Zombieland: Double Tap
The vast majority of sequels are unnecessary, but Zombieland: Double Tap feels particularly so, especially coming out a decade after the original.
Real science takes as much of a beating as Scrat, everyone’s favorite sado-masochistic rodent, in “Ice Age: Collision Course.” So much so, the filmmakers behind this fifth character-jammed and decidedly jumbled outing in the glacial animated franchise felt the need to recruit astrophysicist Neil deGrasse Tyson (both as a narrator and in weasel guise, complete with his trademark corona of hair, soulful Teddy-bear eyes and facial fuzz) to explain how our solar system came into existence.
We are told there is a “dumber” reason than is usually believed, and that is where a certain calamity-prone squirrel rat comes in. Scrat wordlessly ping-pongs about the galaxy like a bushy-tailed, fang-toothed version of Sandra Bullock in “Gravity” after his ever-elusive acorn causes him to catapult into outer space aboard an alien craft. As a result, the planets collide into one another like billiard balls while he leaves a trail of cosmic chaos in his frantic wake while once more engaging in his Sisyphean pursuit of his precious nut.
As is often the case with the “Ice Age” movies, the jittery furball mascot of Blue Sky Studios who recalls such physically adroit silent stars of yore as Buster Keaton and Harold Lloyd as if directed by Tex Avery continues to be the highlight of these comical returns to the prehistoric era. He is a constant who never gives up, never learns and never achieves his goal. And the animators continue to take perverse delight in concocting new inventive ways to torture him, even giving his acorn a bit more anthropomorphic presence than usual.
This time, Scrat is also the catalyst for the rest of the tale by inadvertently causing a gargantuan flaming asteroid to hurtle towards Earth that could possibly destroy the entire world. But that catastrophe is put on the back burner for a while as the members of the series’ so-called Herd put in their appearances. Ray Romano once again morosely mumbles his way through the mammalian antics as Manny the woolly mammoth. His current dilemma is as old as time itself, or at least TV’s first family sitcom: He doesn’t think his happy-go-lucky son-in-law-to-be, Julian (Adam Devine), is good enough for daughter Peaches (Keke Palmer).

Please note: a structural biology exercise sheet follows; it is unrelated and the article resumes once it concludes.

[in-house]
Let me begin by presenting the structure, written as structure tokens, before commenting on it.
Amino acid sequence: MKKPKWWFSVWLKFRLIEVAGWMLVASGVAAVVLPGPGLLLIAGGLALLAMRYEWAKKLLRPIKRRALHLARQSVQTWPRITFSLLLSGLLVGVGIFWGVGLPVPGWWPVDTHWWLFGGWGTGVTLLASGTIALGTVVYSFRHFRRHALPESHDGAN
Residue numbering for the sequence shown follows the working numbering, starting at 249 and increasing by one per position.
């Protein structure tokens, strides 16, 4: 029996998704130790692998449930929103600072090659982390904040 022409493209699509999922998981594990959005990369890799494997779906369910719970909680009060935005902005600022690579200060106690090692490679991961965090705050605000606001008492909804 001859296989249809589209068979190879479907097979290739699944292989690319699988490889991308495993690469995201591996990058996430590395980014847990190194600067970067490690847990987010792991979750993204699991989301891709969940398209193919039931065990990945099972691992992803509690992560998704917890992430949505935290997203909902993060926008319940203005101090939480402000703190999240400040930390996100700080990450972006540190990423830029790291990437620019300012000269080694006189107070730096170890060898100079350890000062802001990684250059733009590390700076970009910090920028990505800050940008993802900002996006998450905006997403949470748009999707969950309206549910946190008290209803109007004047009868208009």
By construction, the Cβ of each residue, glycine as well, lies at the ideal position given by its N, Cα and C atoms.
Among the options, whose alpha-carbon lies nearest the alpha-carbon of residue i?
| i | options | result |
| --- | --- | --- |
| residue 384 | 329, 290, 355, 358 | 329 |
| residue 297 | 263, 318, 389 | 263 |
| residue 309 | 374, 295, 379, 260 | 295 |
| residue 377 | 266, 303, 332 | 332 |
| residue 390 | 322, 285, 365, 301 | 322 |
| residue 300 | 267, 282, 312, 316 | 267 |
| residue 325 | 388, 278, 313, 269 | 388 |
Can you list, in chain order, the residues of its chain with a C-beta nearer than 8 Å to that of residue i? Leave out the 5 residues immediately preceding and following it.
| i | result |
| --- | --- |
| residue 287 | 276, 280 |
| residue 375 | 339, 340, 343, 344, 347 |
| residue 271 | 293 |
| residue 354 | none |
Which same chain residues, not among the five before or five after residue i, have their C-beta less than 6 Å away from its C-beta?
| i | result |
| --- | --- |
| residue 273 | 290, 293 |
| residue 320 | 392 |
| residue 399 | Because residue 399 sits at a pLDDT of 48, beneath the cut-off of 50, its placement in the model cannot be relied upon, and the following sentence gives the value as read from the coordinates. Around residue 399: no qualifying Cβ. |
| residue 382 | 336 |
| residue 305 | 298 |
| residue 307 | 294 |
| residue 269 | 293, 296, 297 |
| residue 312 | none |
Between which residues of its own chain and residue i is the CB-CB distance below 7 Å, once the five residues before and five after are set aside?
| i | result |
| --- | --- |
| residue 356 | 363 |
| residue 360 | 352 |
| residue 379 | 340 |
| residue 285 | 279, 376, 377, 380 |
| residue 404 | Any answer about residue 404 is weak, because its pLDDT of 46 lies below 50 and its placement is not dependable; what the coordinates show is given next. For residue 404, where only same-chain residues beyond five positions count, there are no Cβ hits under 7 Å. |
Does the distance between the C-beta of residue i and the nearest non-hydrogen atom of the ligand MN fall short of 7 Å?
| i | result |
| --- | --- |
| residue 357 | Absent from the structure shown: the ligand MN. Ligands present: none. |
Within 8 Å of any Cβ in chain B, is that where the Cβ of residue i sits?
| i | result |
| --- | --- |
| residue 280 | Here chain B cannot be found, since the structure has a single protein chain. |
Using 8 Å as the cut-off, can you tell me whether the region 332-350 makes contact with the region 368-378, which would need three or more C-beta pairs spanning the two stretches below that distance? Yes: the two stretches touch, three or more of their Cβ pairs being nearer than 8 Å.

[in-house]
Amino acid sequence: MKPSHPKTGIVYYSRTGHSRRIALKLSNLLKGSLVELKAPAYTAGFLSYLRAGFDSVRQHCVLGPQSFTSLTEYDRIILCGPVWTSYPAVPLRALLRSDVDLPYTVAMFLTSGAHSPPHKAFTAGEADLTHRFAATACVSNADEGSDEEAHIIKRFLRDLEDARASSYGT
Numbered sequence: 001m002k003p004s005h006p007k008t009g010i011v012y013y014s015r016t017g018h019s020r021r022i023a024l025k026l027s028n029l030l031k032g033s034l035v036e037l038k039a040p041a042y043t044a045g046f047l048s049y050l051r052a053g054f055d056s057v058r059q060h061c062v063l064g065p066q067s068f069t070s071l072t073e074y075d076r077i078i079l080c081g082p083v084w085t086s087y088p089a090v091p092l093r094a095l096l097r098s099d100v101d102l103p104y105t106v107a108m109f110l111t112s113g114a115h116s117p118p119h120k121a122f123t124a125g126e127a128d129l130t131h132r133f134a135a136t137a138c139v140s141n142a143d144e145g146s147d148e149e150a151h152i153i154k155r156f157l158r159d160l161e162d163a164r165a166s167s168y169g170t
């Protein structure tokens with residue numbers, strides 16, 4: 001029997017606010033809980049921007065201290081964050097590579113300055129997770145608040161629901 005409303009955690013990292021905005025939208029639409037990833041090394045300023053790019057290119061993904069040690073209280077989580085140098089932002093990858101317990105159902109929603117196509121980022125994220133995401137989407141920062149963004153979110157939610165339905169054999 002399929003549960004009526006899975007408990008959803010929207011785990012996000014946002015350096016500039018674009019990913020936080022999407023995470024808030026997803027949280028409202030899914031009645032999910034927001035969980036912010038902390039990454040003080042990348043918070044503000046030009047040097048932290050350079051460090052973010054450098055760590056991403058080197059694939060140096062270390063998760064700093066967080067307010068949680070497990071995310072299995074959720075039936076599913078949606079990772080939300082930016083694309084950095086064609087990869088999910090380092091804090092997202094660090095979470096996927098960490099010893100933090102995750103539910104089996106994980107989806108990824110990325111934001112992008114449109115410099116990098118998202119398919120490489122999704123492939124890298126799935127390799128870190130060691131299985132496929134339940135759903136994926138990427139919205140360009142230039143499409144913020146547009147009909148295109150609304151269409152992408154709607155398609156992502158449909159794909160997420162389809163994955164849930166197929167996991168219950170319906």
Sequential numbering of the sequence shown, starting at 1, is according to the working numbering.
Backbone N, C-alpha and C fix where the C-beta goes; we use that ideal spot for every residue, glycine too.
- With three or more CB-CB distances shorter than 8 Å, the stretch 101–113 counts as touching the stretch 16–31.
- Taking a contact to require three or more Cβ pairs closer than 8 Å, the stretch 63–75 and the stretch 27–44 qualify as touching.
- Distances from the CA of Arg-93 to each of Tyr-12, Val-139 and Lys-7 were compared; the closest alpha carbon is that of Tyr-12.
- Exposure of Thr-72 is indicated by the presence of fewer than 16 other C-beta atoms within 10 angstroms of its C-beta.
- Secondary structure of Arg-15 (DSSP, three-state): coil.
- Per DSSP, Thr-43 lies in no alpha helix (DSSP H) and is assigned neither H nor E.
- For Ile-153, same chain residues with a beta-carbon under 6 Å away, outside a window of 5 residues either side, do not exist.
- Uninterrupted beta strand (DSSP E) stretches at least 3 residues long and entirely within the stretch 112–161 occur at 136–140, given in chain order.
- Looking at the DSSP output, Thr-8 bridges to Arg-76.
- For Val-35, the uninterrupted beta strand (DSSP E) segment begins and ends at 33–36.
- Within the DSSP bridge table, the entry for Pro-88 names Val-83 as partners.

As for Sid the sloth, whose sloppy lisp is one again provided by John Leguizamo, he is heartbroken after Francine (Melissa Rauch), his Jersey Girl crush, rejects his marriage proposal—one that arrives just 14 minutes into their first date. She adds insult to injury by noting, “You look nothing like your profile pic-sha.” Meanwhile, Denis Leary and Jennifer Lopez are granted the lamest storyline as sabre-tooth tiger Diego and mate Shira fret that they might not be able to have children since their fierce appearance tends to scare kids. Really? Wouldn’t their spawn be equally frightening?
Clearly, the makers of the “Ice Age” series are running out of ideas for the main trio. They have to maintain the resonating, heartfelt premise—you don’t have to be related or even the same species to be a family—that is primarily responsible for the previous four flicks grossing an astonishing $2.8 billion worldwide total. But “Collision Course” attempts to solve its sequel fatigue by giving more screen time to side characters from previous chapters and promoting Brit wit Simon Pegg’s hyperactive one-eyed swashbuckling weasel Buck into a breakout status, as he and a trio of nefarious flying dinosaurs escape from the lost world featured in the third “Ice Age” film.
Not only does Buck come bearing an ancient, carved column that holds the key to halting the asteroid, but he pulls a Kate McKinnon here in the weirdness department. The impish Ghostbuster is probably kicking herself that she never thought of toting a pet pumpkin around in a Baby Bjorn or launching into Figaro’s aria from “The Barber of Seville” in a robust performance worthy of pint-size Pavarotti.
Other distractions that offer varying levels of amusement arrive in the form of goofy opossums Crash and Eddie (Seann William Scott and Josh Peck), the type who giggle when they say the word “duty,” and Sid’s feisty Granny (Wanda Sykes), who is given to such observations as, “That plan is so dumb I wish it had a face so I could smack it!”
But what appears to be an anything-goes philosophy when it comes to the narrative suddenly takes a turn at the cross section of Incense and Peppermints when we arrive in Geotopia, a hippie-dippy domain of perpetual youth maintained by the presence of magic crystals, which are the key to stopping the asteroid. Probably the weirdest conception is the Shangri Llama (Jesse Tyler Ferguson—apparently, there now is a law that at least one major cast member from “Modern Family” is required to be a voice in every animated film this summer), the spiritual leader of this tribe of yoga enthusiasts who exhibits the spitting prowess of a major league pitcher as he presides over his tribe.
Don’t be distracted by the eye-pleasing purple and lavender hues that have been added to the typically chilly color palette. This plot is as disjointed as it sounds. You’ve got Scrat as a reluctant astronaut, a pending wedding, a possible apocalyptic disaster, visitors from another prehistoric era and ‘60s-style flower children. It’s almost as if the writers were simply using ideas left over from other “Ice Age” scripts that are about as fresh as the wind beneath Sid’s fleas, to quote one of the sloth’s pickup lines. It also is a signal that the concept’s extinction date is about to expire, but I hope Scrat never ends his impossible quest to possess his acorn, whether in another format or just in my imagination.
A tribute to Robert Forster.
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